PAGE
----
ReferencesEdit

  1. ^ "About the IGDA," paragraph 1. International Game Developers Association. Retrieved 28 December 2018.
  2. ^ "IGDA Relaunches with New Member Benefits." International Game Developers Association. Retrieved 28 December 2018.
  3. ^ a b Hoffman, Erin (2 October 2007). "Let's Get Together". The Escapist. Retrieved 1 December 2021.
  4. ^ Crawford, Chris. "(directory)". The Journal of Computer Game Design. Retrieved 1 December 2021.
  5. ^ Crawford, Chris (December 1987 – January 1988). "A Symposium for Game Designers?". The Journal of Computer Game Design. 1 (4).
  6. ^ Crawford, Chris (February–March 1988). "The Symposium Is On!". The Journal of Computer Game Design. 1 (5).
  7. ^ a b c d "The history of Game Developers Conference (documentary, 2019/2020)" (video). 3 August 2020. Retrieved 1 December 2021 – via YouTube.
  8. ^ David Walker at MobyGames
  9. ^ a b "David Walker". LinkedIn. Retrieved 1 December 2021.
  10. ^ a b Johnson, Cliff (June–July 1988). "Report on the April Games Symposium". The Journal of Computer Game Design. 1 (7).
  11. ^ Crawford, Chris (June–July 1988). "Computer Game Developer's Conference II". The Journal of Computer Game Design. 1 (7).
  12. ^ Crawford, Chris (June–July 1988). "Endpage: Ruminations on the Game Designer's Symposium". The Journal of Computer Game Design. 1 (7).
  13. ^ Crawford, Chris (14 August 2010). "The Computer Game Developer's Conference". Erasmatazz. Retrieved 1 December 2021.
  14. ^ Dunkin, Alan (28 April 2000). "IGDN comes to town". GameSpot. Retrieved 1 December 2021.
  15. ^ "About Us". igda.org. Retrieved 1 December 2021.
  16. ^ "IGDA Board of Directors." International Game Developers Association. Retrieved 5 December 2021
  17. ^ Takahashi, Dean (30 July 2012). "IGDA chief Gordon Bellamy joins Tencent". Venturebeat.com. Archived from the original on 1 February 2014. Retrieved 11 September 2013.
  18. ^ "IGDA Appoints Jen MacLean Permanent Executive Director Archived 2018-12-29 at the Wayback Machine." International Game Developers Association. Retrieved 28 December 2018.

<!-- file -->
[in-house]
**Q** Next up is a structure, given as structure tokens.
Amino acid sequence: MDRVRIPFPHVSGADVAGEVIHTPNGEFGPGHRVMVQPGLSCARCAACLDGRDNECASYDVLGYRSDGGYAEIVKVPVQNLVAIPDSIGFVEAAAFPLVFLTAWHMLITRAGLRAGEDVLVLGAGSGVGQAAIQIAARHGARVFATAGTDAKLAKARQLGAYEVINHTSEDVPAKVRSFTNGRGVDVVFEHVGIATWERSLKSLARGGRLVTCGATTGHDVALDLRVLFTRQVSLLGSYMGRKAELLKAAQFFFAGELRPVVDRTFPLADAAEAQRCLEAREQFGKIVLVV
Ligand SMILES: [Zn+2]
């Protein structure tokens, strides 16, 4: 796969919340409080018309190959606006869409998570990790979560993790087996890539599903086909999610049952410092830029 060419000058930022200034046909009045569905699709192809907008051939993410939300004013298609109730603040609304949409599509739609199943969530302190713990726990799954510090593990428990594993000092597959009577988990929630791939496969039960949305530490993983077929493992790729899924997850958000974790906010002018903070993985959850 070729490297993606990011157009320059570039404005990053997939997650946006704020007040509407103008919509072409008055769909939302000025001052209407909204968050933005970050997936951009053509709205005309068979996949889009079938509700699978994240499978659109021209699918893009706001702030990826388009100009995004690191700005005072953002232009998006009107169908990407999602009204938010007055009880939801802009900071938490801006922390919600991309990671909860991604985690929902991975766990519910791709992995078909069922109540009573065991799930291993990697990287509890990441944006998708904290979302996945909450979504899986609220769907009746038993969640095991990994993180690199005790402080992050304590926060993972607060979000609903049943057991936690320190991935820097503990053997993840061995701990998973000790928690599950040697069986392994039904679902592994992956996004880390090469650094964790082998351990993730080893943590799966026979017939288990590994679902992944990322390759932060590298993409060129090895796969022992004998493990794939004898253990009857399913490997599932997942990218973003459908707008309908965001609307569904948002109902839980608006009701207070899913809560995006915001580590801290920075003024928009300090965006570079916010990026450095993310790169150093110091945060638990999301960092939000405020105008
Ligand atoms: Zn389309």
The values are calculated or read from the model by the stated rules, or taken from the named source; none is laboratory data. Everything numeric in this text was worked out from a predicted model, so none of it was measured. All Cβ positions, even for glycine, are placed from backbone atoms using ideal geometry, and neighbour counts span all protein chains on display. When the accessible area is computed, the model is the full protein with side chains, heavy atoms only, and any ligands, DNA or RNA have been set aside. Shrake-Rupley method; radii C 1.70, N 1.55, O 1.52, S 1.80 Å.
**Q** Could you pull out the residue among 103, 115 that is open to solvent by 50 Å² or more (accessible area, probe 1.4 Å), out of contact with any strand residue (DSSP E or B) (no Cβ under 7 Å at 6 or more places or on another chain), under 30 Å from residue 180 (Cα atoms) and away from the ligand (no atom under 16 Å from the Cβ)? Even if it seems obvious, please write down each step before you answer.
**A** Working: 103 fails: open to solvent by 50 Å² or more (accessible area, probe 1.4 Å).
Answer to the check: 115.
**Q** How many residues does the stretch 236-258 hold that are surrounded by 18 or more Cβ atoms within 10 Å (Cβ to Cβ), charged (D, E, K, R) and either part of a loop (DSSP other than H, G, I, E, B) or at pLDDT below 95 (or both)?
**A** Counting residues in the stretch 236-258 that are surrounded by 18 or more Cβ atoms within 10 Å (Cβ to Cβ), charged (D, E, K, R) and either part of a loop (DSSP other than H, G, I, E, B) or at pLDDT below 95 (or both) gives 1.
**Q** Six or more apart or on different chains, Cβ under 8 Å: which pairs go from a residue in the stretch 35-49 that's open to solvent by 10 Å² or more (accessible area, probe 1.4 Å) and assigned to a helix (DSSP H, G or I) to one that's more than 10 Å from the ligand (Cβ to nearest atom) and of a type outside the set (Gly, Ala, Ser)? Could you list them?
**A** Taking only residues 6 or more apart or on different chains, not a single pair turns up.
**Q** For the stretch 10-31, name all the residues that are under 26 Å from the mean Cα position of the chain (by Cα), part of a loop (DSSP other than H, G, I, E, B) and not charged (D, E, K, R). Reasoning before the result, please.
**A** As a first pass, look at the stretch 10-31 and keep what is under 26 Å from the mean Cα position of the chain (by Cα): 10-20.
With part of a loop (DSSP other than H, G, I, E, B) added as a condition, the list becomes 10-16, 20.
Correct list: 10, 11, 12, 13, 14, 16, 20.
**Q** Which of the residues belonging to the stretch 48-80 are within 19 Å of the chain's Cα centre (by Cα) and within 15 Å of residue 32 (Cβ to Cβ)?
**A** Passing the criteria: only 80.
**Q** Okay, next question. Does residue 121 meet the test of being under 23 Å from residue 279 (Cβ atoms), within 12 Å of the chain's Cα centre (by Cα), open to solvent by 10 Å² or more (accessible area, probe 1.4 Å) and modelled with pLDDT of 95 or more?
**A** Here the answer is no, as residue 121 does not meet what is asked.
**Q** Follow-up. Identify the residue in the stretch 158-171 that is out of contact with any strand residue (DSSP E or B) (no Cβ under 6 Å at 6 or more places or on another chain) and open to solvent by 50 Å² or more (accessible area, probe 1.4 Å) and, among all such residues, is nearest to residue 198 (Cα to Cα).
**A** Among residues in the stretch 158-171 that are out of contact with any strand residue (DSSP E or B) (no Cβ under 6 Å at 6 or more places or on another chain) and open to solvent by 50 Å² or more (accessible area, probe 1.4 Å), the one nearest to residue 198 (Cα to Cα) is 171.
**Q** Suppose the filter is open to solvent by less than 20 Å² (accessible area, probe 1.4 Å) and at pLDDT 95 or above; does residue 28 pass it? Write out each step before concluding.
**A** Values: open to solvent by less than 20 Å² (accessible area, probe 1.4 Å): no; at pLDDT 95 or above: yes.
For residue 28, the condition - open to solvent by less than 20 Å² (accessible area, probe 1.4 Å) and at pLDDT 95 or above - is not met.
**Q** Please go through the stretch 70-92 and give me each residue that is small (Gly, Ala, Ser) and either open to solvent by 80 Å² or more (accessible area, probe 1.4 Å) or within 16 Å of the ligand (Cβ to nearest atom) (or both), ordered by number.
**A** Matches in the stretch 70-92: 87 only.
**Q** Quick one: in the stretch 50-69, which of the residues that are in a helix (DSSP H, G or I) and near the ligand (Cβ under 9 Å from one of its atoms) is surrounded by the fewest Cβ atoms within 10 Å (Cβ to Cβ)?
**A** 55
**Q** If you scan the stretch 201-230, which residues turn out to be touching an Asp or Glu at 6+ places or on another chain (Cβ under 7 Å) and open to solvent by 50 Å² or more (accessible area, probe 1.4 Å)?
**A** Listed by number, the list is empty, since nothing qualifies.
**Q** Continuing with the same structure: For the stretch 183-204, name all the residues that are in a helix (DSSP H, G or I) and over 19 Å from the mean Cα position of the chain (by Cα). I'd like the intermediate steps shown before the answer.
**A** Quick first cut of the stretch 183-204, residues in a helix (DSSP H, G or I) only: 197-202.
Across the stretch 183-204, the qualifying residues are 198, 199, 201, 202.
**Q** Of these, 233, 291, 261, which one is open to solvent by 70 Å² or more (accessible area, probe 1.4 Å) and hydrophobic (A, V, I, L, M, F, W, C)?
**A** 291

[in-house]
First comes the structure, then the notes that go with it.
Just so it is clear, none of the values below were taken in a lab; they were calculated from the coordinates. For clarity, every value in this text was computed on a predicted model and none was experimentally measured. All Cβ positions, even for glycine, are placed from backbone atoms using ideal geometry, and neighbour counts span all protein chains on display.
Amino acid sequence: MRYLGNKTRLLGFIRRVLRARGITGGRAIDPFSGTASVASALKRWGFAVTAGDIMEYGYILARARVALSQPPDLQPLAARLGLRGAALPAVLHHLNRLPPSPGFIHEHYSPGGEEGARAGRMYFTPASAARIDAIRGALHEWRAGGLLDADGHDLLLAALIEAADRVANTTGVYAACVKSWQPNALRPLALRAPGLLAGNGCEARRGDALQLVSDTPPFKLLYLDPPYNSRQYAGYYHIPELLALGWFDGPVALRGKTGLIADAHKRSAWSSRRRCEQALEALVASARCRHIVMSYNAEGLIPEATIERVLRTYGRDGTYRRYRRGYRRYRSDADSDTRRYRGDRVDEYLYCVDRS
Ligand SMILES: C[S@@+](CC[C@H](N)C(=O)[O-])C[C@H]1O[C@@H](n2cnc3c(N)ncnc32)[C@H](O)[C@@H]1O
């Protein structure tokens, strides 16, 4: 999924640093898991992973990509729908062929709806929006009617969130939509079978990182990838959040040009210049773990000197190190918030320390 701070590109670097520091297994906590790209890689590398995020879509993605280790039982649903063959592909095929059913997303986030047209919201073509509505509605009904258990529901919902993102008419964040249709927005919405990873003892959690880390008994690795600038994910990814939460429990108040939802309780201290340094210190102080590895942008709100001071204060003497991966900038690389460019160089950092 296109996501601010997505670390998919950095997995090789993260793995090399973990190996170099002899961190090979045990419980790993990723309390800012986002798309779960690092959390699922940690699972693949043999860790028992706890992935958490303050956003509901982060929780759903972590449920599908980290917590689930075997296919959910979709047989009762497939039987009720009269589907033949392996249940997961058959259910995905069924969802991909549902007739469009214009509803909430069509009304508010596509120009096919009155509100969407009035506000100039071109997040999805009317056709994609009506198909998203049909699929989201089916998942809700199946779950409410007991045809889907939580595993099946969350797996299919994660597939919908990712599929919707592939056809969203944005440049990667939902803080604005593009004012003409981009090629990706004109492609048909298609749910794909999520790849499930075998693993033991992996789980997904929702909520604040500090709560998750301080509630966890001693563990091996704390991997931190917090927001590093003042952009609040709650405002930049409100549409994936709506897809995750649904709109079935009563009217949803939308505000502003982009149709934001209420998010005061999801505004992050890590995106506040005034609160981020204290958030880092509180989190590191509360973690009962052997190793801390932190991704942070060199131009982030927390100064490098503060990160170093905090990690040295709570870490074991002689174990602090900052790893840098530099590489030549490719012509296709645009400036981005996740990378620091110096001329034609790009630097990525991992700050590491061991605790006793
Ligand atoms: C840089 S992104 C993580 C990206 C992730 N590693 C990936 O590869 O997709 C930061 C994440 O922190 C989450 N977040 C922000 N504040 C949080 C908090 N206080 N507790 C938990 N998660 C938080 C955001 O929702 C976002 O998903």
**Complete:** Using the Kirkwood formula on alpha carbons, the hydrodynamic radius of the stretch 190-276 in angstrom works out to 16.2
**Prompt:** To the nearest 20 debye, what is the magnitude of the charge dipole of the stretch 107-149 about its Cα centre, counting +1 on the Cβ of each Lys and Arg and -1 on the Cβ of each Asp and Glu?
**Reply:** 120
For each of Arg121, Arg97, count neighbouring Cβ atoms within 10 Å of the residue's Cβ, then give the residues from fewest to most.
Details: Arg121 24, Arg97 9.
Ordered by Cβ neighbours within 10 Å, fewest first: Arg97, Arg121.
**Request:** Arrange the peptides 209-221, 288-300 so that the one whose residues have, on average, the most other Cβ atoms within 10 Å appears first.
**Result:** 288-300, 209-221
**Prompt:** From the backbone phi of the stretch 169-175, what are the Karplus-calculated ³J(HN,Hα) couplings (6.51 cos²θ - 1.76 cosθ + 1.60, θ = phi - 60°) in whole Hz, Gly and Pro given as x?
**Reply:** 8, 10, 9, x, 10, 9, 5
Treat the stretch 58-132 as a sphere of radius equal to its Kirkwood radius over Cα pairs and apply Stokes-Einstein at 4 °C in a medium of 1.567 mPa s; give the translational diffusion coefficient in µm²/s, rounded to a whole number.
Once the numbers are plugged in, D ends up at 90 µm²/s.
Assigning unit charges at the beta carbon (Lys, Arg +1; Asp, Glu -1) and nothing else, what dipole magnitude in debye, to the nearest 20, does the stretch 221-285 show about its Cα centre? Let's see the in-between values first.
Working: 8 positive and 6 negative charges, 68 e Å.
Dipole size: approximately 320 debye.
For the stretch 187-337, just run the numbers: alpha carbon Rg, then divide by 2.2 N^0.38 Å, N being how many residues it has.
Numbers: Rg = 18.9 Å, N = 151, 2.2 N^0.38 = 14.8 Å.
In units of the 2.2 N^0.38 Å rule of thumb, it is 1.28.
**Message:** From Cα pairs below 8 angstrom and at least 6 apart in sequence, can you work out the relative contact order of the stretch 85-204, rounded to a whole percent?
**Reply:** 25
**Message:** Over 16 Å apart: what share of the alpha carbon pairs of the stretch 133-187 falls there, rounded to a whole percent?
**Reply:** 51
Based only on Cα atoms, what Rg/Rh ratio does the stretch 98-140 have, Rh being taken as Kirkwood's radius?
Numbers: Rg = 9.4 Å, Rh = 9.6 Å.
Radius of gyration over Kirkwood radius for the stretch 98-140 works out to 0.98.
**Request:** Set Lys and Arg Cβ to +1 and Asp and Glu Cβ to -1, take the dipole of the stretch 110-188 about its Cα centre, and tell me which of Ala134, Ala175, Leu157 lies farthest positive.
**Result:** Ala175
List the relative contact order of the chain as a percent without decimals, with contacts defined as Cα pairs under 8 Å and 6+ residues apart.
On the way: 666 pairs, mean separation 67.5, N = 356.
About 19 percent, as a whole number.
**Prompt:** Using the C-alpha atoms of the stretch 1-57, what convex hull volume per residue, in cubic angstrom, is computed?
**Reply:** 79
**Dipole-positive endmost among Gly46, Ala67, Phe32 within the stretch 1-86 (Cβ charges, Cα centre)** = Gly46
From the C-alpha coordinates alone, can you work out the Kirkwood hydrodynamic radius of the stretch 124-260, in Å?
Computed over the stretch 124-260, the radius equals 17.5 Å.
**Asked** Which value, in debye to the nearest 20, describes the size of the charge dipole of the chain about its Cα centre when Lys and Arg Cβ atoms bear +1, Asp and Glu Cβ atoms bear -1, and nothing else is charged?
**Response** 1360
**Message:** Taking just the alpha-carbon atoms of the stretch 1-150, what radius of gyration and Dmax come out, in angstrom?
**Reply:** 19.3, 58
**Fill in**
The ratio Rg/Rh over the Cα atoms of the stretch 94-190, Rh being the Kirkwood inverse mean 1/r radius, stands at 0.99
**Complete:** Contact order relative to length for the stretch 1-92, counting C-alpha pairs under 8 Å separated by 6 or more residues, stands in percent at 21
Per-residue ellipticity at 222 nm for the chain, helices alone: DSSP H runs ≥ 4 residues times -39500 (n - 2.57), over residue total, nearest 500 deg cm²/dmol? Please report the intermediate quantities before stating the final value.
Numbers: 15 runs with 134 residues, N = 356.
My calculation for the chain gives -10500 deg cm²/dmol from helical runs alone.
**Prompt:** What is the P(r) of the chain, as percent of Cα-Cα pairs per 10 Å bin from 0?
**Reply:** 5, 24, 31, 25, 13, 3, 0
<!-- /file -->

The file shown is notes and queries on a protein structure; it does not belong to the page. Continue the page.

19. ^ "IGDA Appoints New Executive Director Renee Gittins". Retrieved 18 July 2019.
  20. ^ "IGDA Education SIG Spawns First Global Game Jam". IGDA. 23 November 2008. Archived from the original on 14 May 2009. Retrieved 27 August 2009.
  21. ^ "Advocacy." International Game Developers Association. Retrieved 28 December 2018.
  22. ^ "FBI working with game developer association to combat online harassment". Polygon. 4 September 2014. Archived from the original on 8 September 2014. Retrieved 15 September 2014.
  23. ^ Plant, Logan (30 August 2021). "Hades Wins Big at Inaugural Global Game Industry Awards". IGN. Retrieved 30 August 2021.
  24. ^ "Global Industry Game Awards". International Game Developers Association. 30 August 2021. Retrieved 30 August 2021.
  25. ^ "About". IGDA.org. Archived from the original on 5 September 2013. Retrieved 11 September 2013.
  26. ^ "Archived copy". Archived from the original on 5 September 2013. Retrieved 11 September 2013.{{cite web}}: CS1 maint: archived copy as title (link)
  27. ^ "About the Scholarships". IGDA.org. Archived from the original on 3 June 2013. Retrieved 11 September 2013.
  28. ^ GamesPress. "SIEGE Adds IGDA Leadership Track for Game Devs". Gamasutra.com. Archived from the original on 19 February 2014. Retrieved 11 September 2013.
  29. ^ "Global Mentorship Program – IGDA".
  30. ^ "About Global Game Jam". GlobalGameJam.org. Retrieved 11 September 2013.
  31. ^ "Welcome IGDA Leadership Forum Fans". EventsForGamers.com. Archived from the original on 1 September 2013. Retrieved 11 September 2013.
  32. ^ Good, Owen (31 August 2009). "Tim Langell Resigns from IGDA Board". kotaku.com. Retrieved 22 August 2021.{{cite web}}: CS1 maint: url-status (link)
  33. ^ "Really? IGDA Party At GDC Brings On The Female Dancers". Forbes. Archived from the original on 19 October 2014. Retrieved 25 November 2014.
  34. ^ "IGDA draws backlash, member resignations over female dancers at GDC party". Polygon.com. 28 March 2013. Archived from the original on 28 November 2014. Retrieved 25 November 2014.
  35. ^ "IGDA Responds to the GDC Party Faux Pas". Forbes. Archived from the original on 24 July 2014. Retrieved 25 November 2014.
  36. ^ "IGDA Online Harassment Resource". Archived from the original on 20 November 2014. Retrieved 25 November 2014.
  37. ^ "Roberto Rosario – @siloraptor". Archived from the original on 26 November 2014. Retrieved 25 November 2014 – via Twitter.
  38. ^ "Kate Edwards (IGDA) – @IGDA_ED". Archived from the original on 26 November 2014. Retrieved 25 November 2014 – via Twitter.